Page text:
“Are we doing it right?”

“Right” is a nebulous term. If your goal is to trip and fall, tying your left and right shoe together is the right way to “tie your shoes.” Therefore, whether you are doing something “right” relies on what you are trying to achieve.

However, if your goal is either to bring in new clients or use email marketing to build trust and maintain relationships…

…there are some common beliefs that may be hurting your efforts. Let’s take a step back and rethink email marketing.

The Crazy Things People Think About Email Marketing

My personal trainer asked me if having an email list is important to a business. My answer was, “To me, it’s essential.” Heck, if not for email marketing’s ability to bring in new clients, I wouldn’t be able to have a “personal trainer.”

But his jaw dropped at the next thing I said:

“0.5%…that’s the rule of thumb for converting prospects on your list to paying clients.”

He found that very disappointing. But I explained to him that email marketing is a great tool to build trust with an audience you can truly help.

But there are two commonly held beliefs, I think you should avoid…like the plague.

Let’s Not Bother Our Clients

Think about your best friend. How often do you communicate with him or her? It’s probably fairly frequently.

Regardless of what they claim, too many firms don’t want to treat clients like a friend. They don’t want to bother their clients until those clients are in need of services again.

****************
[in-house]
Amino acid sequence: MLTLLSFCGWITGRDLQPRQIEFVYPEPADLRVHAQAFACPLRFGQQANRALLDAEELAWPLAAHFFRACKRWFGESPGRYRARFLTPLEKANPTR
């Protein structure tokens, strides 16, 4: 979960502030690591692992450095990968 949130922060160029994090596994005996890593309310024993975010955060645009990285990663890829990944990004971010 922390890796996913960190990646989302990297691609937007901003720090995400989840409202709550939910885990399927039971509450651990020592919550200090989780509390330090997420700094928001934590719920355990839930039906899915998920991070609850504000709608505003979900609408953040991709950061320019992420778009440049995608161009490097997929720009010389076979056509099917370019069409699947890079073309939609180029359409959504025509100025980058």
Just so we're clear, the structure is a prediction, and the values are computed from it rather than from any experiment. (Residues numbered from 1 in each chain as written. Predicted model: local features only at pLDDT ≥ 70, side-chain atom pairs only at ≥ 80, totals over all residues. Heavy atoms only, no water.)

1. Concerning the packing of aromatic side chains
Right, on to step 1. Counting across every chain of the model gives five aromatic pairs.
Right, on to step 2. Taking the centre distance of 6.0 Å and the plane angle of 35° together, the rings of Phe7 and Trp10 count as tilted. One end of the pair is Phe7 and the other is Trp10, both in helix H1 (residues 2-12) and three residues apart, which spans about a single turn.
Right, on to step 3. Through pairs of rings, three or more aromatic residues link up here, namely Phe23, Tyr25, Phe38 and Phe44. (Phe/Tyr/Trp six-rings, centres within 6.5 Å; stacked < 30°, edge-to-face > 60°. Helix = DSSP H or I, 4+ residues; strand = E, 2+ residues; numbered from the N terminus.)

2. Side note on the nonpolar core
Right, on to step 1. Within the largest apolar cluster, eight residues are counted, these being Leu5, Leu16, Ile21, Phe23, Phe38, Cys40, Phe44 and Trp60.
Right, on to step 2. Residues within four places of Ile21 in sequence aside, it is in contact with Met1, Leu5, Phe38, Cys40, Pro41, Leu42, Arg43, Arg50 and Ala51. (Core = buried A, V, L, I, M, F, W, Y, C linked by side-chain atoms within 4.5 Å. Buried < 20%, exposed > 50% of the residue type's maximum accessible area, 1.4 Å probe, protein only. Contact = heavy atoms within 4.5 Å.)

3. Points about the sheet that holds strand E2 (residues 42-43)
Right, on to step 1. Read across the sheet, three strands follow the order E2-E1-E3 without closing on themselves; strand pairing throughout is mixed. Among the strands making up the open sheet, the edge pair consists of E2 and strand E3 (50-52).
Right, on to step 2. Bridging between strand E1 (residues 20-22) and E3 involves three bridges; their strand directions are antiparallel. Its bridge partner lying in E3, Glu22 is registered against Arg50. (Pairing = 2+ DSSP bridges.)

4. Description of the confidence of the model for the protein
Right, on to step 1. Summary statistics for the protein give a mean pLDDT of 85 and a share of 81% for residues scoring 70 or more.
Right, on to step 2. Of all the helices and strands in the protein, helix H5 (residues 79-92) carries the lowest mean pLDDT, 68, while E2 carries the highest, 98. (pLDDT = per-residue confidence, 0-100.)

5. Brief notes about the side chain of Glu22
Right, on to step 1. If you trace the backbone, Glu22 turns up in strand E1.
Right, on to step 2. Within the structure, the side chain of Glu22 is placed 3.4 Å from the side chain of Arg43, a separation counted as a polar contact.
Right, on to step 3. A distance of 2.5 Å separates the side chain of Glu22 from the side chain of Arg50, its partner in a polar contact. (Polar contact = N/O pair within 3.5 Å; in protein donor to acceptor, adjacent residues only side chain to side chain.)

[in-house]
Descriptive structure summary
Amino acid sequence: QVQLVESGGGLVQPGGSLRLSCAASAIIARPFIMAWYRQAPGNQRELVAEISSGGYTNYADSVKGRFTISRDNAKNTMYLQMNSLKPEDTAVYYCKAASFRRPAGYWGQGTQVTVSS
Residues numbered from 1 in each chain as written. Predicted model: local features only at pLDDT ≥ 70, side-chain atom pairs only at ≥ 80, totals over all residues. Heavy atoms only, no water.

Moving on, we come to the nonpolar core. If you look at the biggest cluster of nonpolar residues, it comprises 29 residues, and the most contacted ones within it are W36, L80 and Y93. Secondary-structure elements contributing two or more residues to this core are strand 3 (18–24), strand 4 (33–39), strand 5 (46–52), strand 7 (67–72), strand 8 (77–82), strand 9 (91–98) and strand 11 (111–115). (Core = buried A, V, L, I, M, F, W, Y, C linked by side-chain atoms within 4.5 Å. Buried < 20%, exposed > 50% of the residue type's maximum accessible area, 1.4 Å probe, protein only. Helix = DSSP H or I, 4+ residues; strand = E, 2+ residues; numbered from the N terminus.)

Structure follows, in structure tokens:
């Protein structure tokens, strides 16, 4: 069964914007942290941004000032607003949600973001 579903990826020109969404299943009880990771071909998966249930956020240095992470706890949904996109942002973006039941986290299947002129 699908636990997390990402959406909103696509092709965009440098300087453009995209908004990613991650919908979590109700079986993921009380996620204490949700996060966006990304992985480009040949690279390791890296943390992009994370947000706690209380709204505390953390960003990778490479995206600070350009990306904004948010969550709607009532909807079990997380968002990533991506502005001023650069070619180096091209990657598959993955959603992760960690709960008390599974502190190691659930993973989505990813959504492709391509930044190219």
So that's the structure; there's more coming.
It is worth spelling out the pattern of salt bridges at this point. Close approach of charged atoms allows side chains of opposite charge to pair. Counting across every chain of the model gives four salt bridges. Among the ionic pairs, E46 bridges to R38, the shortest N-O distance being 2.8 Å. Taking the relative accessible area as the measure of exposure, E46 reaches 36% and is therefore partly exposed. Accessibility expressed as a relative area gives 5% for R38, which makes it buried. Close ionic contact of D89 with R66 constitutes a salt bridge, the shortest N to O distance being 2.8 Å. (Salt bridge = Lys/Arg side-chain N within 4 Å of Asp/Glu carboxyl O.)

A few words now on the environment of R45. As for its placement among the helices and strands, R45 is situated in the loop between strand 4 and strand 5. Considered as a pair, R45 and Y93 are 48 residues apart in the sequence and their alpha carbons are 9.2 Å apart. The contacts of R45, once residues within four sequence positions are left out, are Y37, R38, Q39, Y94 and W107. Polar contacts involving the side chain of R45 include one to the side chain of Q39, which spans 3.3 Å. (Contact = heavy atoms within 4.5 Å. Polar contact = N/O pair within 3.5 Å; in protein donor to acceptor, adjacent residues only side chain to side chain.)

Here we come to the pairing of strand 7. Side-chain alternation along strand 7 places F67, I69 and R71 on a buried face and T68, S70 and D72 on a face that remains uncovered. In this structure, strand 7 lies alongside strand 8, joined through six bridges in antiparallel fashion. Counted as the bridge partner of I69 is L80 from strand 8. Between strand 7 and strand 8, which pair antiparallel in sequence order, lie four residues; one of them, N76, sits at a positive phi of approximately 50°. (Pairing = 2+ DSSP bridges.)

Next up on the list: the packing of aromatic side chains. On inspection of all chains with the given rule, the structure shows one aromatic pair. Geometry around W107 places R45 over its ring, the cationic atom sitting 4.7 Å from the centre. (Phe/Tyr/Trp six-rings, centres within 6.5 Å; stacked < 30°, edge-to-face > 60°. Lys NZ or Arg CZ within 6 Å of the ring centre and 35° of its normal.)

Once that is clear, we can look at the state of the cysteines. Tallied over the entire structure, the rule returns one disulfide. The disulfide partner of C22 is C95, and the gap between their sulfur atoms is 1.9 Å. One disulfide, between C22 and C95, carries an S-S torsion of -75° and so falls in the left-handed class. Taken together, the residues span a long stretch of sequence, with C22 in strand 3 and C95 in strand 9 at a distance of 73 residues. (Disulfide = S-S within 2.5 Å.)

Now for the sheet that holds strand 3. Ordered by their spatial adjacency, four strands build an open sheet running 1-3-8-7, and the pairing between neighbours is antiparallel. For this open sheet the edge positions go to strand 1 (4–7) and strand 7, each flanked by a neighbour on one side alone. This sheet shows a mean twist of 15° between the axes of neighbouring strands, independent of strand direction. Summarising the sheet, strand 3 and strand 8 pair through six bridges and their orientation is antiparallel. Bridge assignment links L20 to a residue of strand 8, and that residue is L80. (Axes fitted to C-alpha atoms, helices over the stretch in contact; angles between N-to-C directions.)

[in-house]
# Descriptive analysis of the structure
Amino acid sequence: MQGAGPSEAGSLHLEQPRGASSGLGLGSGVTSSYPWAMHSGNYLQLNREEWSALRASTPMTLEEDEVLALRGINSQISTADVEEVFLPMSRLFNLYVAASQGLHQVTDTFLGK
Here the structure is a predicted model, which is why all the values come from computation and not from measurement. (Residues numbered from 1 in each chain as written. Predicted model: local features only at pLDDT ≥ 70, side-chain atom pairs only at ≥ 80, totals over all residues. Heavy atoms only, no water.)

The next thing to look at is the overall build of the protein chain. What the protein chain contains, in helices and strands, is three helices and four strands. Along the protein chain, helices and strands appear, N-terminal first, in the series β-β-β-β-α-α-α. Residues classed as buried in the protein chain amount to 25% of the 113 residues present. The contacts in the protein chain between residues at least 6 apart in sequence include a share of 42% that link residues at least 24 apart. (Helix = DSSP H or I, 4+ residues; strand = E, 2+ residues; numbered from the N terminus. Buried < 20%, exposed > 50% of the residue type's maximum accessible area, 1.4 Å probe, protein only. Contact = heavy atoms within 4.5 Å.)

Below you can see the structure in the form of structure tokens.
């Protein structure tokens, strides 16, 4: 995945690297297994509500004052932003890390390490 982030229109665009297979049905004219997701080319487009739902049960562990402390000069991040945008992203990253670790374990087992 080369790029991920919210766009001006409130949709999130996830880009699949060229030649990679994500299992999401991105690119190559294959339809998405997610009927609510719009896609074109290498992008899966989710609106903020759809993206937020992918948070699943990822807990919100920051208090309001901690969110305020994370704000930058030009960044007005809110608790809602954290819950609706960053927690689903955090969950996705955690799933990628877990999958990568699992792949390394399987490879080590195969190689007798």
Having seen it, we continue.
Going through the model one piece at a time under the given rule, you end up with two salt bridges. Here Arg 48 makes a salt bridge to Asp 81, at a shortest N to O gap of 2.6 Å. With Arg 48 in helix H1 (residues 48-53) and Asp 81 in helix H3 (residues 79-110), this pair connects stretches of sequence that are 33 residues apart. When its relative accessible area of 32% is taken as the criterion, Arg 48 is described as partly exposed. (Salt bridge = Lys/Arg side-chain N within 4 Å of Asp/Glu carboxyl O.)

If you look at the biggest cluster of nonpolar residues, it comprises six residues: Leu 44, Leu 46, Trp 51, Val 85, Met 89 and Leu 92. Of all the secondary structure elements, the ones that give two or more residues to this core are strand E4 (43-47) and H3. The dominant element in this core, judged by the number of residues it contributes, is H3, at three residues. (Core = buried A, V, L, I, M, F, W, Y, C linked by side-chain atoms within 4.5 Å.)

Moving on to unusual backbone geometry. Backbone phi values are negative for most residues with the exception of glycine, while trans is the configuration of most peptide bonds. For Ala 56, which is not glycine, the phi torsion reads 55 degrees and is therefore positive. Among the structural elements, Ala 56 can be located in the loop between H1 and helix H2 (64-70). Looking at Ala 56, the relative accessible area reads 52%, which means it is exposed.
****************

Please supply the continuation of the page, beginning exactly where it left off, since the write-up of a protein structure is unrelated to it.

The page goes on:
That’s a mistake. You need to treat your clients like friends. Therefore, you need to communicate with them on a regular basis. 

You can use email as a tool to help you maintain regular and consistent communication with you current, past, and future clients.

But then there is another related trap too many firms fall into.

Self-Serving, Valueless, Emails

Let’s get back to the concept of treating your clients like friends. Do you send your friends email with advertisements, about contracts you’ve won, or featuring your latest company picnic? 


You probably send him or her only helpful information, something they’ll find of value, or a tidbit they might be interested in. 

I believe there is a downside to sending your clients worthless and self-serving information. 

Again, is this how you would treat a friend? 

I believe every email should provide value to the reader.

And trust me, I’m not oblivious to the fact that I’m selling hard in some of my emails. But you’ll be hard-pressed to find an email I’ve sent that is devoid of value.

Is it harder to create value-based emails? Yes, it’s much harder. It’s more time-consuming. 

But it’s the “right” thing to do when communicating with your audience.

The Bottom Line

Communicate with your clients regularly with emails they’ll get value from.

Have any email marketing tips or tricks? Share yours in the comments.

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Angry A/E Marketers

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Should You Speculate During The Proposal Process?

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Why Are You Working Today?

why are you working today

It’s a simple question. Why did you come into work today? Why do you get up every morning, get dressed, and commute to the job you have? You could have any job. So, why do you, day after day, go to the one you have? If you are sitting there without a clear answer to […]